5. It would remove the right to clean, store and thus own seed in the US, putting control of seeds in the hands of Monsanto and other multinationals, threatening US security. See Seeds – How to criminalize them, for more details.
6. It includes NAIS, an animal traceability program that threatens all small farmers and ranchers raising animals. The UN is participating through the WHO, FAO, WTO, and World Organisation for Animal Health (OIE) in allowing mass slaughter of even heritage breeds of animals and without proof of disease. Biodiversity in farm animals is being wiped out to substitute genetically engineered animals on which corporations hold patents. Animal diseases can be falsely declared. S 510 includes the Centers for Disease Control (CDC), despite its corrupt involvement in the H1N1 scandal, which is now said to have been concocted by the corporations.
7. It extends a failed and destructive HACCP to all food, thus threatening to do to all local food production and farming what HACCP did to meat production – put it in corporate hands and worsen food safety.
8. It deconstructs what is left of the American economy. It takes agriculture and food, which are the cornerstone of all economies, out of the hands of the citizenry, and puts them under the total control of multinational corporations influencing the UN, WHO, FAO and WTO, with HHS, and CDC, acting as agents, with Homeland Security as the enforcer. The chance to rebuild the economy based on farming, ranching, gardens, food production, natural health, and all the jobs, tools and connected occupations would be eliminated.
9. It would allow the government to mandate antibiotics, hormones, slaughterhouse waste, pesticides and GMOs. This would industrialize every farm in the US, eliminate local organic farming, greatly increase global warming from increased use of oil-based products and long-distance delivery of foods, and make food even more unsafe. The five items listed — the Five Pillars of Food Safety — are precisely the items in the food supply which are the primary source of its danger.
10. It uses food crimes as the entry into police state power and control. The bill postpones defining all the regulations to be imposed; postpones defining crimes to be punished, postpones defining penalties to be applied. It removes fundamental constitutional protections from all citizens in the country, making them subject to a corporate tribunal with unlimited power and penalties, and without judicial review. It is (similar to C-6 in Canada) the end of Rule of Law in the US. In addition to this act, keep in mind the designed “Anti-Hoarding Act” making it illegal to store more than 30 days food supply.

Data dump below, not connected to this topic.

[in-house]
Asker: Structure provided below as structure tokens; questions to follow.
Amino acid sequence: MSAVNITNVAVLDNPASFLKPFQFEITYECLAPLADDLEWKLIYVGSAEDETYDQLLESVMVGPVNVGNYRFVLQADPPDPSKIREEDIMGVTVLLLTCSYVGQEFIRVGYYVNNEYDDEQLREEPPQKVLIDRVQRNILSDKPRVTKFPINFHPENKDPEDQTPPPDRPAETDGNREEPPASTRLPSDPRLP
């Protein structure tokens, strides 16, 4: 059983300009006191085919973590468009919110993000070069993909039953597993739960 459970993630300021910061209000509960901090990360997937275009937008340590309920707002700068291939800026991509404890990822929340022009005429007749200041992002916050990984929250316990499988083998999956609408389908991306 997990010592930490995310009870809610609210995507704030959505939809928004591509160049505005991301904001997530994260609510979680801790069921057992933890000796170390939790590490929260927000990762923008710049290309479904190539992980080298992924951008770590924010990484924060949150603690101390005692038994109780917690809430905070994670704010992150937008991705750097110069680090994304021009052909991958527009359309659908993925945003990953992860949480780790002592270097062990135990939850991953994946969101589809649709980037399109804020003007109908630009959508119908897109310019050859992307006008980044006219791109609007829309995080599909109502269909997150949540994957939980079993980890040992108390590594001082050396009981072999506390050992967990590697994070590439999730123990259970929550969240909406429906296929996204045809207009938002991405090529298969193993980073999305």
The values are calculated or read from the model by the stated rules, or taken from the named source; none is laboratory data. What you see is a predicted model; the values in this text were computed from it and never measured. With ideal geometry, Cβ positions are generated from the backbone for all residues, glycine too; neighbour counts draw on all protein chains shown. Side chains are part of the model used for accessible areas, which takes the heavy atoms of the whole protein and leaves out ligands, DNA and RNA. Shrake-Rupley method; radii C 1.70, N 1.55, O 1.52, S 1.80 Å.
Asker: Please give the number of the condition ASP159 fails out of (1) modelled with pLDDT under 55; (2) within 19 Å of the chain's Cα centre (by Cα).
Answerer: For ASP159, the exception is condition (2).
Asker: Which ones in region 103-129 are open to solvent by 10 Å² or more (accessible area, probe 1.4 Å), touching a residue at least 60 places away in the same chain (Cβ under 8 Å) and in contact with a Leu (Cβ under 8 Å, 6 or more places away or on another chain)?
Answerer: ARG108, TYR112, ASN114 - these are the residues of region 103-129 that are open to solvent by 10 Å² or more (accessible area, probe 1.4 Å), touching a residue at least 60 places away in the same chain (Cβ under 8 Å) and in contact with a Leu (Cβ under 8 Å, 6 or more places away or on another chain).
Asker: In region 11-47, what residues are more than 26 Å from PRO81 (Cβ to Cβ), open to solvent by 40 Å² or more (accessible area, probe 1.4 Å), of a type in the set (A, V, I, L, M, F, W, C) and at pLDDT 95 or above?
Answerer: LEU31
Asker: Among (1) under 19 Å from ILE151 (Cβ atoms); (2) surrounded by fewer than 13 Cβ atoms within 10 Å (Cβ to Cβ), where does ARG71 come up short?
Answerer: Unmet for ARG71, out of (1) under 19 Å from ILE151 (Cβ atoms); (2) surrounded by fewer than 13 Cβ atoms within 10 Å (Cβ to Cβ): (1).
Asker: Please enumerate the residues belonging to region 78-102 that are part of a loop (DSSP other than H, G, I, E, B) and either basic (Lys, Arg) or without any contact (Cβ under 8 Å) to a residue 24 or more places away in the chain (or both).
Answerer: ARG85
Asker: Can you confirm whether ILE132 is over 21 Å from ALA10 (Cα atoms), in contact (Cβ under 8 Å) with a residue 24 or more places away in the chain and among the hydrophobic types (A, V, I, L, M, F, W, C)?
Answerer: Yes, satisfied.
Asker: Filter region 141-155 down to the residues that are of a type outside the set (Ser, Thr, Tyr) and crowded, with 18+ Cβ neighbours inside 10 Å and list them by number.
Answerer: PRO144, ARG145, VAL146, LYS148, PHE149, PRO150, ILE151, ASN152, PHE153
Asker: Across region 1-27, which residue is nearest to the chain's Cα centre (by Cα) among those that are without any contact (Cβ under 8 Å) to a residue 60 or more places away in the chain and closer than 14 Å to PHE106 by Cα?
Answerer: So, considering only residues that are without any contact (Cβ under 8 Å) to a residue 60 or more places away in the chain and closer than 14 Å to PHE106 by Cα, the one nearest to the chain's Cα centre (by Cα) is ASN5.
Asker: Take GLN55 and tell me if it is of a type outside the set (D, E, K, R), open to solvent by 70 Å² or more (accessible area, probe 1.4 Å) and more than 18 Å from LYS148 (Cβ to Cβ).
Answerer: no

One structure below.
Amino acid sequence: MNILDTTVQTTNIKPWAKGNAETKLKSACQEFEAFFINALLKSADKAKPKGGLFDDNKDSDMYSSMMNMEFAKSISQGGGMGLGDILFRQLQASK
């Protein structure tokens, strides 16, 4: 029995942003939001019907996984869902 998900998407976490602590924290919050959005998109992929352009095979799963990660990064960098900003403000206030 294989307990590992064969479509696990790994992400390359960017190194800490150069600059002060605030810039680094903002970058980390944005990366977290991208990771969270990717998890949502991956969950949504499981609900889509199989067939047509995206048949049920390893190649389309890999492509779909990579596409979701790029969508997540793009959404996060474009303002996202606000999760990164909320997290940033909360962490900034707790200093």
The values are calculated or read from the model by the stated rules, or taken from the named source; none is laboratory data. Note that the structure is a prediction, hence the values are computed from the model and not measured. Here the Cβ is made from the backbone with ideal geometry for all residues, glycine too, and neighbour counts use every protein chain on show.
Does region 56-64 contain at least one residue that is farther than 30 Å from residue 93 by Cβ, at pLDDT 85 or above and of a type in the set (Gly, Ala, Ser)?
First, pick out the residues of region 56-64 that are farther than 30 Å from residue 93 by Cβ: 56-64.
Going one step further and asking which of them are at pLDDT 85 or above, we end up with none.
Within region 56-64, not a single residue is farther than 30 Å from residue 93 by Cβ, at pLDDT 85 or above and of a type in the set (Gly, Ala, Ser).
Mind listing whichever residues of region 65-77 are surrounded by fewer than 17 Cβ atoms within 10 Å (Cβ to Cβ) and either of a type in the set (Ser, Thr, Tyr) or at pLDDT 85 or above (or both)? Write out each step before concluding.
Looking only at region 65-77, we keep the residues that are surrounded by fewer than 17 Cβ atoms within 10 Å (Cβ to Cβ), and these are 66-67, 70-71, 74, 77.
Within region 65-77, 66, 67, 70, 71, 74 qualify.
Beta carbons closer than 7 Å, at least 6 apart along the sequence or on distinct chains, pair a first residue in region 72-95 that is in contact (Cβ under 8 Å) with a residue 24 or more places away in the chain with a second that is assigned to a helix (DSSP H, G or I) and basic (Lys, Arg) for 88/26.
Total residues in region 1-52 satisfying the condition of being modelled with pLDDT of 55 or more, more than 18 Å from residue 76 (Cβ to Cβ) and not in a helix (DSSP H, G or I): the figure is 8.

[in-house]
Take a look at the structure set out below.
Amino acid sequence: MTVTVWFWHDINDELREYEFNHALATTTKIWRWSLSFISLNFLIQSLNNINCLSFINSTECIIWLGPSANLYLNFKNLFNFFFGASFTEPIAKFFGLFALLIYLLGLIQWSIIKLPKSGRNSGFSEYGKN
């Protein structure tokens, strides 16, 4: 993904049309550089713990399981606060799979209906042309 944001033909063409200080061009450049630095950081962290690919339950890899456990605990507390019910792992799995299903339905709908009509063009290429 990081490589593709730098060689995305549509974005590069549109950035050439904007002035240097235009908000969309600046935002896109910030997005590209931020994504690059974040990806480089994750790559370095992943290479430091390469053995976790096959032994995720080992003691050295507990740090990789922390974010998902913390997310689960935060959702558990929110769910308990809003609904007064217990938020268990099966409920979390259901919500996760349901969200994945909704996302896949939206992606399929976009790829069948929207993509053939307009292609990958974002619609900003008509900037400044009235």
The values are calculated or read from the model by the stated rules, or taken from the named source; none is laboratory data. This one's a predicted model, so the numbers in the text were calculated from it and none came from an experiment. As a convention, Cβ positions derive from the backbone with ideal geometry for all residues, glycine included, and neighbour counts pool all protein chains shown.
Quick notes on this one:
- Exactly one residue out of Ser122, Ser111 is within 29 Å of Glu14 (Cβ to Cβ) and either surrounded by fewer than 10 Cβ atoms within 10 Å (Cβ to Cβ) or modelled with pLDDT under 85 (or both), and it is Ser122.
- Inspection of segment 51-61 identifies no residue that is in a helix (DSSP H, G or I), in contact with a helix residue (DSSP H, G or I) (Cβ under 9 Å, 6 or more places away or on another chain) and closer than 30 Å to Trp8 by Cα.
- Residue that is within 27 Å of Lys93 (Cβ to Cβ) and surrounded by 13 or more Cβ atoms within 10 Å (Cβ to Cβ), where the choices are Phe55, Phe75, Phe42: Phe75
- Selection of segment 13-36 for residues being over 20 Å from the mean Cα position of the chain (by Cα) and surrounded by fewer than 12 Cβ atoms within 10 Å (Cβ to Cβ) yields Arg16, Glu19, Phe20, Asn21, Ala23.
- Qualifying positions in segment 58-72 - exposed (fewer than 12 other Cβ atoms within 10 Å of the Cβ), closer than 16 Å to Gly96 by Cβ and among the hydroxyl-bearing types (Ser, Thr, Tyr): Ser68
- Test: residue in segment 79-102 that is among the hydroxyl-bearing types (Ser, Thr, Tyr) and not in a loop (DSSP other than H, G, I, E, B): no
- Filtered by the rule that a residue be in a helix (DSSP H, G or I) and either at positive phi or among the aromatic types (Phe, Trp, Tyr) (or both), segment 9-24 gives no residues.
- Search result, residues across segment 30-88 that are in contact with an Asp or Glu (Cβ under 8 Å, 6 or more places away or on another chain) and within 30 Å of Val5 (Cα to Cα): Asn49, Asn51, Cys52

Even without S510, it seems that the big ag companies already believe they are in control of our food supply. Consider this by Jack Kaskey:
June 25 (Bloomberg) — Monsanto Co., the world’s biggest seed company, is being investigated by West Virginia over possibly misleading growers who were promised improved yields from its new Roundup Ready 2 Yield soybean seeds.
“My office is concerned that West Virginia farmers are paying much higher prices for soybeans with the Roundup Ready 2 trait when the yields do not live up to the claims and do not justify the increased prices,” West Virginia Attorney General Darrell V. McGraw wrote in a letter dated June 24 and posted on his website.
Monsanto last year began shifting growers to the new seeds by promising a 7 percent to 11 percent bigger harvest compared with the original Roundup Ready soybean seeds, which loses patent protection in 2014. Iowa State University, Pennsylvania State University, a farmer group and investment researcher OTR Global found the latest seeds failed to boost yields as promised, McGraw said in the letter.
The St. Louis-based company may have engaged in unfair or deceptive acts under West Virginia law and be subject to penalties, McGraw wrote. He invited the company to meet before the state possibly begins litigation. Monsanto has data demonstrating the improved performance, it said in an e-mailed statement. Roundup Ready 2 soybeans increase yields on average by 3.6 bushels, more than 7 percent, according to 40,000 comparisons the company conducted between 2007 and 2009, it said.
The attorney general’s letter “is based on a misunderstanding of our national marketing materials,” Monsanto said. “Growers measure the performance of these products on their farm and make their purchase decisions based on what’s right for them.”
Roundup Ready 2 soybeans were planted on 1.5 million acres last year and cost growers $74 an acre, 42 percent more than the older product. West Virginia growers bought enough of the new seeds to plant fewer than 50 acres in 2009, Monsanto spokesman Lee Quarles said. Sales this year aren’t yet available, he said. West Virginia grew about 18,000 acres of the nation’s 77.5 million acres of soybeans last year, making it the smallest soybean-growing state tracked by the U.S. Department of Agriculture.